CHICAGO (Christian Examiner) – A group of Methodists dedicated to advancing the cause of inclusiveness for members of the lesbian, gay, bisexual and transgender community in their denomination is encouraging the election of three openly gay bishops to help lead the church.
The group, Reconciling Ministries Network (RMN), claims that the time is right for the election of the bishops following the denomination's 2016 General Conference. At the gathering in traditionally liberal Portland, Ore., in May, Methodists voted to table several pieces of legislation that would have changed the denomination's stance on homosexuality.
However, the door was left open to further dialogue when Methodists voted narrowly (428-405) to establish a special commission to study the inclusion of members of the LGBT community as ordained priests and to recommend whether or not the church should bless same-sex marriages.
Homosexual activists have a long history of trying to overturn scriptural teachings on homosexuality in the denomination, but since 1972 church doctrine has regarded homosexuality as "incompatible with Christian teaching."
Now, RMN's Executive Director Matt Berryman claims "the Spirit of God is now raising up three openly gay candidates for the office of bishop for election at the meetings of the Western and North Central Jurisdictions in just a few weeks."
Berryman said the three ministers – Rev. Dr. Karen Oliveto, Rev. Frank Wulf, and Rev. David Meredith – have been courageous in sharing their vision for full inclusion "for years as preachers of the gospel."
"The vote to establish a commission to examine and offer revision to anti-LGBTQ policy united a majority of delegates around the common desire to end discrimination and division. The vote, an expression of the Spirit's leading, inaugurates a new moment in the life of The United Methodist Church that continues to grow and grow as Annual Conferences around the US resolve to ordain openly LGBTQ clergy, to affirm the image of God in our transgender siblings, and to publicly declare an unwillingness to conform with all aspects of anti-LGBTQ policy," Berryman writes.
According to Berryman and RMN, members of the LGBT community have been marginalized for decades and the three ministers who will be nominated as bishop have been ministering to marginalized "as gay preachers of the gospel."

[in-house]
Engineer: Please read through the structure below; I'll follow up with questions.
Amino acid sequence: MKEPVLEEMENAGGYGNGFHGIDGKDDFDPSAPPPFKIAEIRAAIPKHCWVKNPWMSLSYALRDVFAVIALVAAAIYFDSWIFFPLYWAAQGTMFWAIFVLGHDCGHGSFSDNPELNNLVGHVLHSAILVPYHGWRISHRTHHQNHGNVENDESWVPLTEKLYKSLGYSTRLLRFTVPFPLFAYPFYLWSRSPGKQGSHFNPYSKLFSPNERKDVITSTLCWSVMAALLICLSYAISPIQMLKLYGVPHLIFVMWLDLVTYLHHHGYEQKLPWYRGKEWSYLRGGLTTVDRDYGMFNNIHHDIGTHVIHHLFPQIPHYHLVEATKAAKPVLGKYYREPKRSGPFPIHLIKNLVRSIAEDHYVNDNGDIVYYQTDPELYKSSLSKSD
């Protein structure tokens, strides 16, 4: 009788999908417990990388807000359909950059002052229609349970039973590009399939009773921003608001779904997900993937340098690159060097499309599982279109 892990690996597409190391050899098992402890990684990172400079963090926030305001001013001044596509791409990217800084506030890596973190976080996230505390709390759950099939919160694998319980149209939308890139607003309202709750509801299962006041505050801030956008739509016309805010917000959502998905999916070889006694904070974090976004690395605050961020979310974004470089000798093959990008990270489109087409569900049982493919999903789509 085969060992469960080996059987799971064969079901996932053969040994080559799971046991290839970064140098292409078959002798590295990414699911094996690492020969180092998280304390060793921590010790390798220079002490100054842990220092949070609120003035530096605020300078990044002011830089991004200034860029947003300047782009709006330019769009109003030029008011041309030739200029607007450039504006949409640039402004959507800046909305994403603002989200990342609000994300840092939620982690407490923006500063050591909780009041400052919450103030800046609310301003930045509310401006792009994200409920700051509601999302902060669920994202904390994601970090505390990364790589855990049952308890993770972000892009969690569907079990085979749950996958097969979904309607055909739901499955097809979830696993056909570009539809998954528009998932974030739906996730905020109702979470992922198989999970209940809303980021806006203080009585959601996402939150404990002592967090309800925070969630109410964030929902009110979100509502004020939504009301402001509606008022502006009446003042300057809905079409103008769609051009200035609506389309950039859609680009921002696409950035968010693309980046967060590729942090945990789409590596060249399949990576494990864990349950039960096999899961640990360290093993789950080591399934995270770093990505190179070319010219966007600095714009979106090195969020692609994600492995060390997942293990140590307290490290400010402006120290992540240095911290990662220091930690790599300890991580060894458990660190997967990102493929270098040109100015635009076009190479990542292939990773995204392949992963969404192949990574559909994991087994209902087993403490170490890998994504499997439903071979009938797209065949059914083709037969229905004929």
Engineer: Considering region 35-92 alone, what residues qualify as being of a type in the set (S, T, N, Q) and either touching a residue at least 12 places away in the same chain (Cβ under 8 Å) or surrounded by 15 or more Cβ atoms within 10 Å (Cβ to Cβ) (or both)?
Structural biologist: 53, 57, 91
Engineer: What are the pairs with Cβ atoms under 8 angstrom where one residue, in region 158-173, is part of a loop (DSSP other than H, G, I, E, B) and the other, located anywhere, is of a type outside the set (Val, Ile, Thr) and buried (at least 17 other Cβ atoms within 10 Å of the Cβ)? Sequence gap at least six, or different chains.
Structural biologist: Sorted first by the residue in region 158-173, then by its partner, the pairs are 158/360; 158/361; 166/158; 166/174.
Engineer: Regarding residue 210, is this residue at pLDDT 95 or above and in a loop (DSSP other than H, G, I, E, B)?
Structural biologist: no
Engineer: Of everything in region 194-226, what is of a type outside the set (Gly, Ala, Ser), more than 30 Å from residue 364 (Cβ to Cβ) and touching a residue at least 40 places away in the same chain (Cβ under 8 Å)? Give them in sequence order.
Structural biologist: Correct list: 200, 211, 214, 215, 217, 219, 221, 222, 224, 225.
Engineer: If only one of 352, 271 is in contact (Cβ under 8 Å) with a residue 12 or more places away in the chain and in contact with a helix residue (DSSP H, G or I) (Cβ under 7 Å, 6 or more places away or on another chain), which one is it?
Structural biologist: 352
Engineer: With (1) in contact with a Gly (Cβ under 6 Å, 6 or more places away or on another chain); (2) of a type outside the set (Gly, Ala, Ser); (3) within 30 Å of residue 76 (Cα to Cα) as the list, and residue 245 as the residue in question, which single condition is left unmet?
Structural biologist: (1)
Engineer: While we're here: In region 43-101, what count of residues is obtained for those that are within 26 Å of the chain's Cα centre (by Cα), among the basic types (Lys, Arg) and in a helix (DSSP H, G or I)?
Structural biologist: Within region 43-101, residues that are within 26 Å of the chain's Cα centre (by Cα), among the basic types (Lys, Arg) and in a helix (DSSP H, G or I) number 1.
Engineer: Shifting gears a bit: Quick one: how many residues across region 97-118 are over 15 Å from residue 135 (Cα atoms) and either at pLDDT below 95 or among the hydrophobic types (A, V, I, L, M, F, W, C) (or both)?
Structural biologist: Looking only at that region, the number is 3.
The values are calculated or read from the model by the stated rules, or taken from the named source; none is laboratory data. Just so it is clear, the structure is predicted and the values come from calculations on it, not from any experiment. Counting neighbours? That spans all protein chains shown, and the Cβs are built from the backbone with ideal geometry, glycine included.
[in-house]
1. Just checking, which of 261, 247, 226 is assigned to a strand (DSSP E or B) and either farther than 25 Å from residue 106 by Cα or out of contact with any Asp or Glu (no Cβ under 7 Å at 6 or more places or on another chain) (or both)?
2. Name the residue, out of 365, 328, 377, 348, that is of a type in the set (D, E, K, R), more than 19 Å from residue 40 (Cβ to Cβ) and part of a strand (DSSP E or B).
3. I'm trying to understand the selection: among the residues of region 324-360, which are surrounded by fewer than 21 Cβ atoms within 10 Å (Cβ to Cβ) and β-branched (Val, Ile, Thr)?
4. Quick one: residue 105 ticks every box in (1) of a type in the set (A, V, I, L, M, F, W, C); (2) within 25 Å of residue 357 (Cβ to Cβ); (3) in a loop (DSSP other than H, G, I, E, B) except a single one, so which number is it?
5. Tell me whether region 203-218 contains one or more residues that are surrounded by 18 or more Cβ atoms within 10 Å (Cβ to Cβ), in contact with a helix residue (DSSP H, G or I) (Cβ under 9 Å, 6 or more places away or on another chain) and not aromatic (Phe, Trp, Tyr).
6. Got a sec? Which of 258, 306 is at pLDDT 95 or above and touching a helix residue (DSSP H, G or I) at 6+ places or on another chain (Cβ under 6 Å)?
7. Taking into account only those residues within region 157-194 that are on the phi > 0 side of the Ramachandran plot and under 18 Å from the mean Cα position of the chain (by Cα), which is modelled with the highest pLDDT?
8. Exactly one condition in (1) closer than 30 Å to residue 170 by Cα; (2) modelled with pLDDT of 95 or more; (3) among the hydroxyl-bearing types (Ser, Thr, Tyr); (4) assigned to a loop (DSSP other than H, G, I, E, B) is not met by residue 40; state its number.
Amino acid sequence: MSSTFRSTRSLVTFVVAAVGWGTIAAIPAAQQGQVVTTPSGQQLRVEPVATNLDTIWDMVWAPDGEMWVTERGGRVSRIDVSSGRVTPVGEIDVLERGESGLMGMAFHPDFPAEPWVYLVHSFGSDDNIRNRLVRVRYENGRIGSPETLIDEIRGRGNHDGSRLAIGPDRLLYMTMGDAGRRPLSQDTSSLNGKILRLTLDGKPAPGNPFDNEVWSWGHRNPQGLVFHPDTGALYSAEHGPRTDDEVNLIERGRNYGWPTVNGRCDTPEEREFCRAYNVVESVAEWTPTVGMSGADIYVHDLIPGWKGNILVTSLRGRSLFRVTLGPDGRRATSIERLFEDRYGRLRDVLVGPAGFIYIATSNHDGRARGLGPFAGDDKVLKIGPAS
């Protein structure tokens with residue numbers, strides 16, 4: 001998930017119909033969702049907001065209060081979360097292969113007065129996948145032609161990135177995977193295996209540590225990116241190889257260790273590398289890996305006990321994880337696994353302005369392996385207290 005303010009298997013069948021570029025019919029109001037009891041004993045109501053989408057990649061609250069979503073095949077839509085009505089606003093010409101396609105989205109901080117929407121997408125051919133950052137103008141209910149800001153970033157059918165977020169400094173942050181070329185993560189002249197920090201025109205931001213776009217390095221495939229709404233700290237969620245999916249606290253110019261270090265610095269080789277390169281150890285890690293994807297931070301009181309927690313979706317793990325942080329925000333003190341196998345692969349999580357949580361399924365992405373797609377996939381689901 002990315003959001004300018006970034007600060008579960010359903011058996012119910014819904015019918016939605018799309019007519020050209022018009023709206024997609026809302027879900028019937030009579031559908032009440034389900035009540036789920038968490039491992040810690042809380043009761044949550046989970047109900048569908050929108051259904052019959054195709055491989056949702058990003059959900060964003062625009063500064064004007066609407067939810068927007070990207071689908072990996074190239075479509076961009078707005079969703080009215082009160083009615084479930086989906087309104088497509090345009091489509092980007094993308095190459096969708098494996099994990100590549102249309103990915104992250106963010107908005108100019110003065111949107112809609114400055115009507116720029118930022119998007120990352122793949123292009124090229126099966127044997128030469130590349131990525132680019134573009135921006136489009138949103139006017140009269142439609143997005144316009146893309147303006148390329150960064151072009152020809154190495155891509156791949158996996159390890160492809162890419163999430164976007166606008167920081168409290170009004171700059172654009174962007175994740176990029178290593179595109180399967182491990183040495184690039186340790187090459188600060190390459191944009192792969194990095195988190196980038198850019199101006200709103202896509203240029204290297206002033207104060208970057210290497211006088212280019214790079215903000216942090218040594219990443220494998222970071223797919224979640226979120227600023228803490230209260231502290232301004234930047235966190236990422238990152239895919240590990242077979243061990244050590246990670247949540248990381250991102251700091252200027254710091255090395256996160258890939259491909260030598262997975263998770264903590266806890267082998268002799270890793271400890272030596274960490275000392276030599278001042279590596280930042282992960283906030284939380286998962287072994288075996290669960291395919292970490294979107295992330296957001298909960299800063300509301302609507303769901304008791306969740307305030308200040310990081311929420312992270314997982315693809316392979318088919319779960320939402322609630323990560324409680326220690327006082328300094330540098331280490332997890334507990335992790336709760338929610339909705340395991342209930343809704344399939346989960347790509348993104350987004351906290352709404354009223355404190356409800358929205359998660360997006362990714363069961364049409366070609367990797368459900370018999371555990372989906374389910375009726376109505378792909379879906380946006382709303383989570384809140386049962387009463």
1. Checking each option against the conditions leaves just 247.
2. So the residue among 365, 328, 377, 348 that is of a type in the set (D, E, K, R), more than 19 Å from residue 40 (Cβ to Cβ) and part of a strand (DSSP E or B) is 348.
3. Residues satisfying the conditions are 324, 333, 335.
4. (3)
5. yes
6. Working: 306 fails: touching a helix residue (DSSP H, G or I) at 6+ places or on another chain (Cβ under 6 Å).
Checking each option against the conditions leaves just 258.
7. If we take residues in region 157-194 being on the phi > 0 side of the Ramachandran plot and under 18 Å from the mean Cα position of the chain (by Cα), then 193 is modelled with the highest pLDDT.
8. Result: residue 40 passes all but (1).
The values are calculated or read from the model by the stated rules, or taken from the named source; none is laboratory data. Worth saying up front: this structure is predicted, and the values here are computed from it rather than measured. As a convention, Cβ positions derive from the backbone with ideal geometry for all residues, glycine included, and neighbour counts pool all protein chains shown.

"They know what it means to follow Jesus into futures yet unknown and what it means to live in the promise and hope of a new creation whose reality is an unfolding dream. They have comforted the poor, the afflicted, and those in need while challenging the powerful and the privileged to grow more deeply into the full stature of Christ," Berryman writes.
He adds that the church will demonstrate true discipleship if it begins the work of restoring and reconciling by electing what he called "qualified" leaders.
"We believe the new creation has begun — it's time for The United Methodist Church to move boldly forward into the future and elect its first openly gay bishops to the glory of God and for the unfolding of a new future together," Berryman writes.
At the General Conference, discussion turned to a possible special assembly to debate how the denomination could be divided among pro-gay and biblical Methodists. But the denomination may unravel long before any such meeting occurs. Several regional conferences are already rebelling.
Despite the fact their moves do nothing to change national policy and church doctrine, the Desert Southwest Conference and California-Pacific Conference decided last week to askew any discussion of sexual orientation or traditional doctrine when ordaining ministers.
That decision came after the New England Conference voted "not to conform or comply with the provisions of the (Book of) Discipline which discriminate against LGBTQIA [lesbian, gay, bisexual, transgender, queer, intersex and asexual] persons."